William Herbert (1580–1630), who became the 3rd Earl of Pembroke on his father’s death in 1601, was educated privately by Samuel Daniel and later at New College, Oxford. Like his mother, he became patron to a group of poets and artists; or, rather, he continued the patronage. They included 'Shakespeare' (i.e. Francis Bacon), Ben Jonson, George Herbert, Philip Massinger, Inigo Jones the architect, and William Brown, author of Britannia’s Pastorals. William went to Court in 1597, living in London from 1598 onwards. During this period he wrote verse, which was circulated privately among his friends. He was Lord Chamberlain at the time the Shakespeare Folio was printed, and therefore responsible for overseeing the production and publishing of plays and their performance at Court.

Philip Herbert (1584–1650) was created Earl of Montgomery in 1604. On his brother’s death in 1630 he became the 4th Earl of Pembroke. He was very different in character to William and in fact had little time for intellectual pursuits. His love was for sport and gambling, but he was also interested in overseas enterprises, being a member of the East India Company and supporting his brother’s participation in the Virginia Company. Like his brother William, Francis Bacon knew him well and was also a founder-member of the Virginia Company.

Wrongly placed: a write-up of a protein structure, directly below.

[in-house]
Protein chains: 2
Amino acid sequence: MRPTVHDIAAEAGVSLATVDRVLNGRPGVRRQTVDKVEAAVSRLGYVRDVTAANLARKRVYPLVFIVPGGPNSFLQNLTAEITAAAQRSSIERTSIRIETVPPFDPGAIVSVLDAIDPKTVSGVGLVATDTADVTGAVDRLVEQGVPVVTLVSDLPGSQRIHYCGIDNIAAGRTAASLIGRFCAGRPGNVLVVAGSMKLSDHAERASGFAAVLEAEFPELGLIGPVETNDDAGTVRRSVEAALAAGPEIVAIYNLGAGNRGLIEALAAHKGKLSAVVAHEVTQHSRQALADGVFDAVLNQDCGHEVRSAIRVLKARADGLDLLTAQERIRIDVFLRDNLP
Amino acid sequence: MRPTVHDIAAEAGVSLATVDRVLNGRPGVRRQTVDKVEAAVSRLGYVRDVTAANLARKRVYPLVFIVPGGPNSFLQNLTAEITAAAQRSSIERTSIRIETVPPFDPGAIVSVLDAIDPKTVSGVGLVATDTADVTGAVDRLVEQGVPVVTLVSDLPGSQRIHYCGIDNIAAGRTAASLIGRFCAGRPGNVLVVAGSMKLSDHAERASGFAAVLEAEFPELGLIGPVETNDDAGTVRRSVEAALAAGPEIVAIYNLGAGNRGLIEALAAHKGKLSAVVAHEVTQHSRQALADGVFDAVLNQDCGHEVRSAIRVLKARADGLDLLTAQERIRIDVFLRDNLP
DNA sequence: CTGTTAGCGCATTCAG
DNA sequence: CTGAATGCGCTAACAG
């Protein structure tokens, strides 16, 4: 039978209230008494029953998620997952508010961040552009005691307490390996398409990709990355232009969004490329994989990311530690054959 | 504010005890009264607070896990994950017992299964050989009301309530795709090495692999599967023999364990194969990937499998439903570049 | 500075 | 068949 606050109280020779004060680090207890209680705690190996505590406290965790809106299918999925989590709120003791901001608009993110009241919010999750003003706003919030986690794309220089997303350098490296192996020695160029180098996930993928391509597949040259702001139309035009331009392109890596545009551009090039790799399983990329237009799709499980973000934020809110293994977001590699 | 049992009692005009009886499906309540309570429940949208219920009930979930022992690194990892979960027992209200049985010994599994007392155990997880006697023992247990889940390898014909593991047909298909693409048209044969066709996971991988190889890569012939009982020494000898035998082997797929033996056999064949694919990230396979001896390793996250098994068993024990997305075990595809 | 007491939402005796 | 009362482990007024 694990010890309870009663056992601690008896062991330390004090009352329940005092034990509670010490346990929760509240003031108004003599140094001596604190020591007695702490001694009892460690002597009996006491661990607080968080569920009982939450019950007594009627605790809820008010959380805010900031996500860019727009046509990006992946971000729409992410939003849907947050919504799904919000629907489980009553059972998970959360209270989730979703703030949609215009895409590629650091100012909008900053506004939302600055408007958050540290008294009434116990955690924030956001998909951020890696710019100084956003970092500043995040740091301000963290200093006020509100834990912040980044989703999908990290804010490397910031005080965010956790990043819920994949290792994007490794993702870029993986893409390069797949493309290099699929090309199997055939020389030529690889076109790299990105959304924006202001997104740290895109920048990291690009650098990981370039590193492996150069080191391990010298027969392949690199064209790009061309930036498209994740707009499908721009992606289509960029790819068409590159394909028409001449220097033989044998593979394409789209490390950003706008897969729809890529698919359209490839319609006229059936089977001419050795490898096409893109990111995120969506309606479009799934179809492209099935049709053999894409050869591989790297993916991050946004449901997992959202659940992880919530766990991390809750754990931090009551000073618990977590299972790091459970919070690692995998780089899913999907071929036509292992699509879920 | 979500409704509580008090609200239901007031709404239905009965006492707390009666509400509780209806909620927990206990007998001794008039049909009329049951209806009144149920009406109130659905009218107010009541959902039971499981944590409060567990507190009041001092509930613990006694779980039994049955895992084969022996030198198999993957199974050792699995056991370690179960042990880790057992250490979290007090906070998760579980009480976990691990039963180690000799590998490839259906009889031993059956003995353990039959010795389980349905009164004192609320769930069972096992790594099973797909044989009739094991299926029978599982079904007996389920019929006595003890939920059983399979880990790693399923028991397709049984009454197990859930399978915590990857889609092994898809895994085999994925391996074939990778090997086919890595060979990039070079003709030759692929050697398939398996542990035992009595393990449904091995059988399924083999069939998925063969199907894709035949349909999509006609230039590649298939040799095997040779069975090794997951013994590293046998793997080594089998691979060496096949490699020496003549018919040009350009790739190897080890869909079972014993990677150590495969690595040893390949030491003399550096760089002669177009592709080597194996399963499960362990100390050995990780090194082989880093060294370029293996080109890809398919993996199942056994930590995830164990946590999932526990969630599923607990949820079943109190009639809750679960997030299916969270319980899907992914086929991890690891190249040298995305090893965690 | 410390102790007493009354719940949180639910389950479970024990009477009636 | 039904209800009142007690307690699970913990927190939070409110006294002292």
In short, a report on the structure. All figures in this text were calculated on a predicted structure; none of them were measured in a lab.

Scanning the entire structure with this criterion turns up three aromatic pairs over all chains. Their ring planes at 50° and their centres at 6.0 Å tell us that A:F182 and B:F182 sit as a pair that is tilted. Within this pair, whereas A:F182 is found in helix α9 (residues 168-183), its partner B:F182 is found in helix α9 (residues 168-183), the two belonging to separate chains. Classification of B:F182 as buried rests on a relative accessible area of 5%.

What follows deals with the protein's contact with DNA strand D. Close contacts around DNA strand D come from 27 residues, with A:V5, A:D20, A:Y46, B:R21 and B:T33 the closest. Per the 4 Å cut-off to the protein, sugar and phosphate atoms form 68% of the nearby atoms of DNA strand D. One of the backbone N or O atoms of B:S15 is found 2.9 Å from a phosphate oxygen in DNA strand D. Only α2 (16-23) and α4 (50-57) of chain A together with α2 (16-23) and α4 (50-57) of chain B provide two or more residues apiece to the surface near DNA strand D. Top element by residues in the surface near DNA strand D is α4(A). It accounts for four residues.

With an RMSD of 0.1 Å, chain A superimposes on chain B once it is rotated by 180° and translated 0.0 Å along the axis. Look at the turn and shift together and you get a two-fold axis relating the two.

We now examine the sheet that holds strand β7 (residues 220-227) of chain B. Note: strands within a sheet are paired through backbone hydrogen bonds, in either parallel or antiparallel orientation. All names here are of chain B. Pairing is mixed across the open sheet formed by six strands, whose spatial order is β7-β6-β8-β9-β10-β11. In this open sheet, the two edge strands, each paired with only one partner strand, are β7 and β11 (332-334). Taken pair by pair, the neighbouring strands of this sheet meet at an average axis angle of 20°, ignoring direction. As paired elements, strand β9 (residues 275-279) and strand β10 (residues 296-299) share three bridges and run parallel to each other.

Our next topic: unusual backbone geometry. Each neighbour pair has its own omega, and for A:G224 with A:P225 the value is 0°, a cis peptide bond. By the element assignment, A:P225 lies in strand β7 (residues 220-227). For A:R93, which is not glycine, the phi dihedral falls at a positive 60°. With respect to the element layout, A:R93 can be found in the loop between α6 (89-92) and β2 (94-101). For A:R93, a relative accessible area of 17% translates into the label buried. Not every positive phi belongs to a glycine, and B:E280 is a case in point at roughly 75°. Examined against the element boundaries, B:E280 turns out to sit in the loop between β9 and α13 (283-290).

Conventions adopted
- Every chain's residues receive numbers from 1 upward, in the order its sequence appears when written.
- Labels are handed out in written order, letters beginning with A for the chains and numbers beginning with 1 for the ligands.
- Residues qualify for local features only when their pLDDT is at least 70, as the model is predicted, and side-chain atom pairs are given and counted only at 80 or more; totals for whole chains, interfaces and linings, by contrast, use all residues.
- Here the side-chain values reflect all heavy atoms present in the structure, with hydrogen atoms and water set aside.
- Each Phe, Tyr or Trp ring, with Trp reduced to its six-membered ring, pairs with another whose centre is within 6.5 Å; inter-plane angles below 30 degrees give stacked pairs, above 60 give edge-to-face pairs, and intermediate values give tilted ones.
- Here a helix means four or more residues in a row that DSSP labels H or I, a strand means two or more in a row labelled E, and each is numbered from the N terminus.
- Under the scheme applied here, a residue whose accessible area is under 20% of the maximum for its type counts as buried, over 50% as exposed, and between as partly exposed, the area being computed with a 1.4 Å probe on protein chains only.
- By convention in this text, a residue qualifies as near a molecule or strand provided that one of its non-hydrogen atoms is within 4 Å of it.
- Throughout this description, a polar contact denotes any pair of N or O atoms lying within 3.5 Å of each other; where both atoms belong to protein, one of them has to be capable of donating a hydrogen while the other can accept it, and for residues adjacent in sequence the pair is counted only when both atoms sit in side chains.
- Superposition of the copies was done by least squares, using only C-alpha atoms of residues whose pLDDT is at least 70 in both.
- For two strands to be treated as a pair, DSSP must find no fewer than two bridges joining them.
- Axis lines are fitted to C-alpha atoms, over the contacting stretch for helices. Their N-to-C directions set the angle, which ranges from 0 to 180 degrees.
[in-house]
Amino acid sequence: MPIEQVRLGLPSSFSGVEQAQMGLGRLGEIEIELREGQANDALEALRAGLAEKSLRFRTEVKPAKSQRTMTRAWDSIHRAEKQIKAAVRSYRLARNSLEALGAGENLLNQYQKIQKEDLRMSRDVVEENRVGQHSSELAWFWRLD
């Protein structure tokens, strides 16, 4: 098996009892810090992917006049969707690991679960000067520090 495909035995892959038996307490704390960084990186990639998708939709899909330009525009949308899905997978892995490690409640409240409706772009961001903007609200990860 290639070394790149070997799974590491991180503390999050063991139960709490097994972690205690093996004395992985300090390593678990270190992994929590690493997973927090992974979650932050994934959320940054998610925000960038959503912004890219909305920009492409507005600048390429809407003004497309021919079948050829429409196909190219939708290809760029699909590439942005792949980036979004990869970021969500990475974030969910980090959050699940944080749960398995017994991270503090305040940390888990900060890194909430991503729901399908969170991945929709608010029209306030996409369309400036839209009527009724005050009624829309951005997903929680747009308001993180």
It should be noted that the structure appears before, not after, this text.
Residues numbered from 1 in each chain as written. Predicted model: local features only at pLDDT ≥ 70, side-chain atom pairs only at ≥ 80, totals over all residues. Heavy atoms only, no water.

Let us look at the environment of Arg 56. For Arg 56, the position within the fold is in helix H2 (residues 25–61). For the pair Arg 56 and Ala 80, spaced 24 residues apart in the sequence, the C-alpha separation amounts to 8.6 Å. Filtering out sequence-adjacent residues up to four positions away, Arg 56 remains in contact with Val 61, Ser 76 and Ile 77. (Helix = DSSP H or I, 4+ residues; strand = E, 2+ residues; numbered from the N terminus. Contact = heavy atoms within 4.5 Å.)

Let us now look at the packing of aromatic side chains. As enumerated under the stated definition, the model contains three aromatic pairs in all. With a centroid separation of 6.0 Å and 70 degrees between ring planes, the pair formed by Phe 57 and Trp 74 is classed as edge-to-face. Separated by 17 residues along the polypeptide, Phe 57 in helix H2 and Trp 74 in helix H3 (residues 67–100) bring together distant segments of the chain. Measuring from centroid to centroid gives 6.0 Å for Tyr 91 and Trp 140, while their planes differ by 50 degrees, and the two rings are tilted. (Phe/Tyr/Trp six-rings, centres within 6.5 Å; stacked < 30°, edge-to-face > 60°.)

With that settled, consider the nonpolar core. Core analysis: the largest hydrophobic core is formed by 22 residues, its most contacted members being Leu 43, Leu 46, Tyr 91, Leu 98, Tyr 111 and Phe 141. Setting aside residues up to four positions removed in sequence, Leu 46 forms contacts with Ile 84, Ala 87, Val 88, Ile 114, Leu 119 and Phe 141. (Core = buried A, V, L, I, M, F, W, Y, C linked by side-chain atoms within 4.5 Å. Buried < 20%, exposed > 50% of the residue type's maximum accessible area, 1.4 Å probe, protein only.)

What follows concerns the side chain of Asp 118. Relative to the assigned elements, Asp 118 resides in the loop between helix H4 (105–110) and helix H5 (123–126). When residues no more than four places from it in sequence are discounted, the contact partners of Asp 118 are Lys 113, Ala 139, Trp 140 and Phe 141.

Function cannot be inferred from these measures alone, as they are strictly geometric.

The poets patronised by the Wilton circle included, at various times: Edmund Spenser, John Lyly, Thomas Nashe, John Florio, George Wither, Nicholas Breton, William Browne, Samuel Daniel, John Davies of Hereford, Ben Jonson, George Herbert, Philip Massinger, William Brown and Inigo Jones the architect. The other poets who contributed to the Shakespeare plays - John Fletcher, George Wilkins, John Day, Thomas Heywood, Christopher Marlowe, George Peele, Thomas Middleton and Robert Greene - were also at certain times part of the circle. William Shakespeare, the actor, was declared by George Wither and others not to have been a poet, but he masked the work done by the author 'Shake-speare', alias Francis Bacon and, for a time, Anthony Bacon, in association with the Wilton circle (i.e. the Shakespeare circle).

Peter Dawkins, July 2005

(See the author’s book, The Shakespeare Enigma)

Refs:

1. Sir Philip Sidney, Astrophel and Stella.

The Francis Bacon Research Trust